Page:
Neither should there be vulgar speech, foolish talk, or coarse jesting--all of which are out of character--but rather thanksgiving.  Eph. 5:4  **  Saved 1John 3.2, Eph. 2:8, John 1:12 - Being saved 2Cor. 4:16 2Peter 3:18 - Will be saved 1Peter 1:5 Romans 8:23

Offline Lefein

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Re: ET believers and miracles
« Reply #271 on: October 23, 2010, 05:47:44 AM »
That law is unconstitutional.  It goes against the amendment for freedom of, and expression of religion, as well as free speech...not to mention common sense freedom of who you get to live with, and having a peaceful home.
CLV: Proverbs 10:12 Hatred, it rouses up quarrels, Yet love covers over all transgressions.
KJV: Proverbs 10:12 Hatred stirreth up strifes: but love covereth all sins.

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Re: ET believers and miracles
« Reply #272 on: October 23, 2010, 06:13:04 AM »
If it were to say for instance, "Muslim roommate wanted"...wouldn't you just shrug, say "OK, that's fine", and go on about your business?

Seems to me something is "creeping in"...as has been said before  :winkgrin:, "know who your enemy is".     

"For we battle not against flesh and blood..."  Apostle Paul.

"Sound the cry, there's a battle going on
Though there are many unaware, the conflict still is strong
It's not neighbor against neighbor, or against a country overseas
The fight is light against darkness, and it's fought best on our knees".  jabcat   :bigGrin:
Neither should there be vulgar speech, foolish talk, or coarse jesting--all of which are out of character--but rather thanksgiving.  Eph. 5:4  **  Saved 1John 3.2, Eph. 2:8, John 1:12 - Being saved 2Cor. 4:16 2Peter 3:18 - Will be saved 1Peter 1:5 Romans 8:23

Offline Lefein

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Re: ET believers and miracles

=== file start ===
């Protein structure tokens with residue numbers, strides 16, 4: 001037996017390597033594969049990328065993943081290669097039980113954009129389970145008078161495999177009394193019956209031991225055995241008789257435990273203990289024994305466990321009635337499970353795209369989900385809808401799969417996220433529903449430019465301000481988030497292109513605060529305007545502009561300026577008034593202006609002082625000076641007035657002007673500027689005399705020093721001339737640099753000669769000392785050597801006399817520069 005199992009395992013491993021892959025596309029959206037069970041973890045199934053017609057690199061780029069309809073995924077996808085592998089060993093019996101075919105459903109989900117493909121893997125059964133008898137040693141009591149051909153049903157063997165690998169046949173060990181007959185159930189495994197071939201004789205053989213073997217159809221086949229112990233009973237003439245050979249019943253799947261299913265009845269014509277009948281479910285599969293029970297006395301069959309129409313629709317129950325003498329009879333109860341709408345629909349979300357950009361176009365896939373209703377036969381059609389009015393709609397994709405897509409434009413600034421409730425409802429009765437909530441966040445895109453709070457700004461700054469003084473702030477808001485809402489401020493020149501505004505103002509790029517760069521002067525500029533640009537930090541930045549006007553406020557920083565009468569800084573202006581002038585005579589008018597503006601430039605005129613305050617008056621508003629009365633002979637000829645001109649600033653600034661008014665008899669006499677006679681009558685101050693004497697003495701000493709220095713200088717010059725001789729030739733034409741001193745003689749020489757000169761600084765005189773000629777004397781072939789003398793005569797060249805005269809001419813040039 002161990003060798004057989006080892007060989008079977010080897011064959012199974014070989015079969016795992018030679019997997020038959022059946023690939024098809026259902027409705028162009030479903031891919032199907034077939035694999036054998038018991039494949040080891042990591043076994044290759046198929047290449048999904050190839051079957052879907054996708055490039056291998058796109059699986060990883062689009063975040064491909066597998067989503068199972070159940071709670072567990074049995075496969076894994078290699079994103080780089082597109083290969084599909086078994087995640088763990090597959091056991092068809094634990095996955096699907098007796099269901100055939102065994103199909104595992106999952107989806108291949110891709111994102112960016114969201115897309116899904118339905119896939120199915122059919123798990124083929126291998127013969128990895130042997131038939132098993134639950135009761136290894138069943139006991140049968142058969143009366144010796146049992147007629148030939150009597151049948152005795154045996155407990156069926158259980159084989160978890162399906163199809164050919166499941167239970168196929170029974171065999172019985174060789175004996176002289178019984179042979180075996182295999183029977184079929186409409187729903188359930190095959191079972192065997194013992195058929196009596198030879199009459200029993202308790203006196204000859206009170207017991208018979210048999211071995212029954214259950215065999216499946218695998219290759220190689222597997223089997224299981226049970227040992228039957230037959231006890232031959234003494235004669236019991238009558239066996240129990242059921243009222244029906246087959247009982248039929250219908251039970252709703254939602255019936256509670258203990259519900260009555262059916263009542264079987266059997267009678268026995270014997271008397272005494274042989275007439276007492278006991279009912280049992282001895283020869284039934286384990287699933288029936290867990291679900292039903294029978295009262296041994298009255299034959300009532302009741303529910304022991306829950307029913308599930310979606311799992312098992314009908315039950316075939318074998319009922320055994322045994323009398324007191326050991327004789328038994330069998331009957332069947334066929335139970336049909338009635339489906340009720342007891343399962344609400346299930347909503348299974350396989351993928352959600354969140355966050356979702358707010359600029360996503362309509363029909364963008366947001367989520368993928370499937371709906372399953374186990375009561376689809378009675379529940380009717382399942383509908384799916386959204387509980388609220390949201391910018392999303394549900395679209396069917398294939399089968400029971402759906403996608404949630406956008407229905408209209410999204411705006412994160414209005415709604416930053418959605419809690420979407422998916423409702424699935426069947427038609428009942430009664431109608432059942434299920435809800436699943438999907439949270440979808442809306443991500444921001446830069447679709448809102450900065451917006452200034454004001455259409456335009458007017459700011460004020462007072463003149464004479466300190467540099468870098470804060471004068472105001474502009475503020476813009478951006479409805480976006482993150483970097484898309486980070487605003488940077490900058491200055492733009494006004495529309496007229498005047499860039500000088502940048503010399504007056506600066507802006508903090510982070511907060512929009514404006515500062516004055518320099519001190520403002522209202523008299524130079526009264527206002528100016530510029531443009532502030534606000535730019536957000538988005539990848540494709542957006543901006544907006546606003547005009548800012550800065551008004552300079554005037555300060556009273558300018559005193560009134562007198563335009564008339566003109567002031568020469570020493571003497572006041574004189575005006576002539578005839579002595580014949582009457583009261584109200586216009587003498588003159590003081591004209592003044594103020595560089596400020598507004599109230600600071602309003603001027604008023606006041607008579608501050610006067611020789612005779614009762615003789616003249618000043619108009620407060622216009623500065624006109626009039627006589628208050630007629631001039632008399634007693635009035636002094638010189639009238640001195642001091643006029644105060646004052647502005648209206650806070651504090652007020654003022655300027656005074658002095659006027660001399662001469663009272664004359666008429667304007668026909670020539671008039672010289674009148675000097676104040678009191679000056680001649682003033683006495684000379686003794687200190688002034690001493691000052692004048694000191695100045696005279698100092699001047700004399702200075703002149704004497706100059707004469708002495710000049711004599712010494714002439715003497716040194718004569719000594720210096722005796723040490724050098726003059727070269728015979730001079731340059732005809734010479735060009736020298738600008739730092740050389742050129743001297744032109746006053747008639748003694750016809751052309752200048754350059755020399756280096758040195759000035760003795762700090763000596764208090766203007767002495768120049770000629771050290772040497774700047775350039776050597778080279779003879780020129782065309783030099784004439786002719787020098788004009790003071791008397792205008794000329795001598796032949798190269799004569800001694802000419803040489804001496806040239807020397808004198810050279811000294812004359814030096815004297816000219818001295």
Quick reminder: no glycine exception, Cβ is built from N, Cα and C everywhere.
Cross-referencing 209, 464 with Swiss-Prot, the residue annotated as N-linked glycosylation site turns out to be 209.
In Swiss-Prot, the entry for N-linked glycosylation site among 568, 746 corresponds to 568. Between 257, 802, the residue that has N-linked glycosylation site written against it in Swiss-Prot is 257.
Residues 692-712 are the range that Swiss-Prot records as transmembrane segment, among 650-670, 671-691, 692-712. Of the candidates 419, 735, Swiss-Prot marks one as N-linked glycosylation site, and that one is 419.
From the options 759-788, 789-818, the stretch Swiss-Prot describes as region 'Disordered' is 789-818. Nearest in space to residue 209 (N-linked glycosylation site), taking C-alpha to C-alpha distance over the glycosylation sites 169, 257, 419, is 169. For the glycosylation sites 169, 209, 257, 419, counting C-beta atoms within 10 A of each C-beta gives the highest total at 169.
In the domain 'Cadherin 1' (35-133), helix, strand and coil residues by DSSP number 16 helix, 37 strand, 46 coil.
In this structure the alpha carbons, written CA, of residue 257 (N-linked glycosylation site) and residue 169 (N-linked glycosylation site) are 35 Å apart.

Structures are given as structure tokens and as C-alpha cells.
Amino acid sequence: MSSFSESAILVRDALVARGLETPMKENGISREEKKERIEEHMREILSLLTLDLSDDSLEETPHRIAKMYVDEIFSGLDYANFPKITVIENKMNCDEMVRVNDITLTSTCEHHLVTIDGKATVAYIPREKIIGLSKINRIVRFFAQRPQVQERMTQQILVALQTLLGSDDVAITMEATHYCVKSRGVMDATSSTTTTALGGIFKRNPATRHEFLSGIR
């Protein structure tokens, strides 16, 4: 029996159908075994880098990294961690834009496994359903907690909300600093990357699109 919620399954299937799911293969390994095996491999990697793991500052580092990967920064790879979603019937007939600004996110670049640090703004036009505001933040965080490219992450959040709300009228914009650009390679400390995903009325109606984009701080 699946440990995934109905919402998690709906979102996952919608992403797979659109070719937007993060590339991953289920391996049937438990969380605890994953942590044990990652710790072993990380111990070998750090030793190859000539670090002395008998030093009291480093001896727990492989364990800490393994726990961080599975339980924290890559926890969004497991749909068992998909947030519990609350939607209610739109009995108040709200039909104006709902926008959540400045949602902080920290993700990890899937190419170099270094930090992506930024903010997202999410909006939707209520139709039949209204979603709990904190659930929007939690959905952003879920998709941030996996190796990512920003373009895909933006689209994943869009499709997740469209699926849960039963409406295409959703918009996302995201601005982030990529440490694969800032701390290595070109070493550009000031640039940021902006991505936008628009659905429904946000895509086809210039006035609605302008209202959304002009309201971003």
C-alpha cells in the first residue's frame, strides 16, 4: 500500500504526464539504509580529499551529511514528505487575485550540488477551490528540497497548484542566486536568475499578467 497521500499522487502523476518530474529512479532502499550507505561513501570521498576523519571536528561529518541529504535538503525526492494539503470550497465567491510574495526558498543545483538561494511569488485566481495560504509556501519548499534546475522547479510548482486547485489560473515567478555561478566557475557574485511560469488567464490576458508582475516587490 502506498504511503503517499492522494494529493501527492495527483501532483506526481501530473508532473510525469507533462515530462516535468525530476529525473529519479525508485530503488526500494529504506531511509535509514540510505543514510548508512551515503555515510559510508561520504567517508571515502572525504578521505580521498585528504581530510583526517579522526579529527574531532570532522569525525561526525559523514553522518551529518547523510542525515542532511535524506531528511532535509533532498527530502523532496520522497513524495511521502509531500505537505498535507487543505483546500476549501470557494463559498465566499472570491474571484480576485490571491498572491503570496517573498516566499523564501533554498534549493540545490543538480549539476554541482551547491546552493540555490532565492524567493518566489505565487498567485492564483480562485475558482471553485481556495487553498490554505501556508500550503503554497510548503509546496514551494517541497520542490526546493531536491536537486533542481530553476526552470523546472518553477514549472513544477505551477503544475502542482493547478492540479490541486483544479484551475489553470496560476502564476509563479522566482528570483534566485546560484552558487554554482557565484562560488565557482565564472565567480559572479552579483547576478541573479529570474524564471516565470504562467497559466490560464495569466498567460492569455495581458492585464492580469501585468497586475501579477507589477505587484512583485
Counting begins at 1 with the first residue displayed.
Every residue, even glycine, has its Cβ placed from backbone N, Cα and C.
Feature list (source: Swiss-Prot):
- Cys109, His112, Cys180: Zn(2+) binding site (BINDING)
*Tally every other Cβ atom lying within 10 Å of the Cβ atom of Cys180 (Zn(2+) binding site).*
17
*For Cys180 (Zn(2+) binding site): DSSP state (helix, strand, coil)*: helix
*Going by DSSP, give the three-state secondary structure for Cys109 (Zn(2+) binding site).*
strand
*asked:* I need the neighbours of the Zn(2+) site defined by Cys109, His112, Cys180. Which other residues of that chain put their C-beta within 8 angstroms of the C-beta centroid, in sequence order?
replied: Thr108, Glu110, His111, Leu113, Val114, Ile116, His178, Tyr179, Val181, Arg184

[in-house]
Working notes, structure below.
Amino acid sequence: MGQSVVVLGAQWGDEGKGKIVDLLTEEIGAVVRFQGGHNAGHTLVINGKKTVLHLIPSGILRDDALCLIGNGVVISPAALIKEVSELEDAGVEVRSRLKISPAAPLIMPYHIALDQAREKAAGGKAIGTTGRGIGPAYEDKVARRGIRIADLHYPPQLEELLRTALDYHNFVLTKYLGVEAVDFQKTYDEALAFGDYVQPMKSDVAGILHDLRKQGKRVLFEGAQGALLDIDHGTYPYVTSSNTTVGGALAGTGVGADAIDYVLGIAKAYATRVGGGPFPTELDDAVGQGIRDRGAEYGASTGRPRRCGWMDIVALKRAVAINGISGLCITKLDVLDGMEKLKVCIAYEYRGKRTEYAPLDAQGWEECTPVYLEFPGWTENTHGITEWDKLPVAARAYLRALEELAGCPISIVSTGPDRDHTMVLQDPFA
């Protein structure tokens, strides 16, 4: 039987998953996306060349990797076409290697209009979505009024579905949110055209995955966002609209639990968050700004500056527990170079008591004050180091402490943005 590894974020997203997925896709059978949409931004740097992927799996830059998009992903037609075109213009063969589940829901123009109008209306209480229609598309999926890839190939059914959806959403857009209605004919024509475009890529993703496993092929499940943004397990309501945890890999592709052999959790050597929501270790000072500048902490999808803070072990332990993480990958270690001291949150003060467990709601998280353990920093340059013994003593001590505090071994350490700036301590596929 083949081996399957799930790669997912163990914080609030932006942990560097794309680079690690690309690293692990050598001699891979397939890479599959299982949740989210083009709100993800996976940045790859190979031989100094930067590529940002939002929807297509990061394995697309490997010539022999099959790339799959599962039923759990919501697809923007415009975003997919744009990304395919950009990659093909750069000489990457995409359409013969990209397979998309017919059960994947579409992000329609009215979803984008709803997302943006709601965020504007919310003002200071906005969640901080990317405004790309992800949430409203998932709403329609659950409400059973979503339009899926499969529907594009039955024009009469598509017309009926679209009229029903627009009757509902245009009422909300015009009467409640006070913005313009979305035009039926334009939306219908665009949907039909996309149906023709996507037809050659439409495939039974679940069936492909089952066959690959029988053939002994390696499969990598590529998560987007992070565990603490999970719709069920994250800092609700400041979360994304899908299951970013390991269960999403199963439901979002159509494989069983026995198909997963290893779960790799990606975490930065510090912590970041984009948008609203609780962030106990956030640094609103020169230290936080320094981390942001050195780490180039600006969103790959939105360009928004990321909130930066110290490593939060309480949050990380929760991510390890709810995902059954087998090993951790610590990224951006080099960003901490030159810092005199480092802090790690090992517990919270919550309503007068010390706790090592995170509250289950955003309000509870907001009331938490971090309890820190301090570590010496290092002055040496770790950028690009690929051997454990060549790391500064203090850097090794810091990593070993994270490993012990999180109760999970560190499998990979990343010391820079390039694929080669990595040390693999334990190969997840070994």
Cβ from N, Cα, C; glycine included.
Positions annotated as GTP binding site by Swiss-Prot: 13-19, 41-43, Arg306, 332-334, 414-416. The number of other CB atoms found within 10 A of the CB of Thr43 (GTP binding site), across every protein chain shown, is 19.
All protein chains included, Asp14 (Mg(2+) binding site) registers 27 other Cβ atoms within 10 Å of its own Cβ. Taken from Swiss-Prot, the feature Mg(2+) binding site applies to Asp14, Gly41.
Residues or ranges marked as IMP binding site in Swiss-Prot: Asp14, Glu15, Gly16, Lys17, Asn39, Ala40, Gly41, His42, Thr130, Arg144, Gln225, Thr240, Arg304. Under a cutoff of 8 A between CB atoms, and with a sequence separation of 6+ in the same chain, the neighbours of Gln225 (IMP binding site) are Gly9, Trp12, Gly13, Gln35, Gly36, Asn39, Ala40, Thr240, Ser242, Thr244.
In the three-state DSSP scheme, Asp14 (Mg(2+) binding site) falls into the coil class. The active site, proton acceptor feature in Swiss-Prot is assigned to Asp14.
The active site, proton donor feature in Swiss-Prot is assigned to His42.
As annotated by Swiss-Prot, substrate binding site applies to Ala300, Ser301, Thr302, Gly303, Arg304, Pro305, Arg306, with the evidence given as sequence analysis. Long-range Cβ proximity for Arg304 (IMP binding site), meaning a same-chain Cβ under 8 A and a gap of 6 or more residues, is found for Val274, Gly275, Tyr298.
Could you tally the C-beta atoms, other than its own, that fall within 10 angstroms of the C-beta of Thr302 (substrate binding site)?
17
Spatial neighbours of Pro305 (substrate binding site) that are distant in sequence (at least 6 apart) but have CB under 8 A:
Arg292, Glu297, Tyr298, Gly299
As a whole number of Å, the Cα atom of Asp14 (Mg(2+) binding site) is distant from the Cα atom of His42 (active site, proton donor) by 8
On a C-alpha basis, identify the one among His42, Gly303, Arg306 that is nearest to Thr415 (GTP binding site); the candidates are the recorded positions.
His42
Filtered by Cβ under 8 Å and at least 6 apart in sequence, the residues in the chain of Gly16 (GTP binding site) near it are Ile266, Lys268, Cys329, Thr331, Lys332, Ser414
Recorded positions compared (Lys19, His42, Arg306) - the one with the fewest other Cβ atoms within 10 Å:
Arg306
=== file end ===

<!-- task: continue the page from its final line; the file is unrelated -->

« Reply #273 on: October 23, 2010, 06:27:01 AM »
You wax poetic dear friend, and you speak wisdom in your stanzas.

hmmmn...That is indeed a blatant case of persecution of the subtle sort I was talking about.  We are not yet burned at stakes, and our fundamentalist brethren aren't being locked out of their temples...But there is a spirit at work, and he is malice...

Thankfully, God is moving.  Did anyone see the NBC nightly news broadcast on house churches becoming more and more common?  If it is on NBC nightly news...it is obvious news.  I am thankful that God is moving indeed, it is a sign that the revival many of us (or atleast I have) been smelling on the air, is soon to make its appearance.

Darkness in culture, economy, and government...It was when Israel was at its evilest that revival came, or judgement overthrew them...May the Josiahs amongst us read the word, and with the Spirit, tear down the idols and Asherah poles in the hearts of the people.
CLV: Proverbs 10:12 Hatred, it rouses up quarrels, Yet love covers over all transgressions.
KJV: Proverbs 10:12 Hatred stirreth up strifes: but love covereth all sins.

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Re: ET believers and miracles
« Reply #274 on: October 23, 2010, 06:29:55 AM »
Thank you, and amen, amen!     Darkness comes before dawn, and joy comes in the morning!

House churches, I am indeed interested in.  Back to a personal, simple, fellowship, with "the power thereof".
Neither should there be vulgar speech, foolish talk, or coarse jesting--all of which are out of character--but rather thanksgiving.  Eph. 5:4  **  Saved 1John 3.2, Eph. 2:8, John 1:12 - Being saved 2Cor. 4:16 2Peter 3:18 - Will be saved 1Peter 1:5 Romans 8:23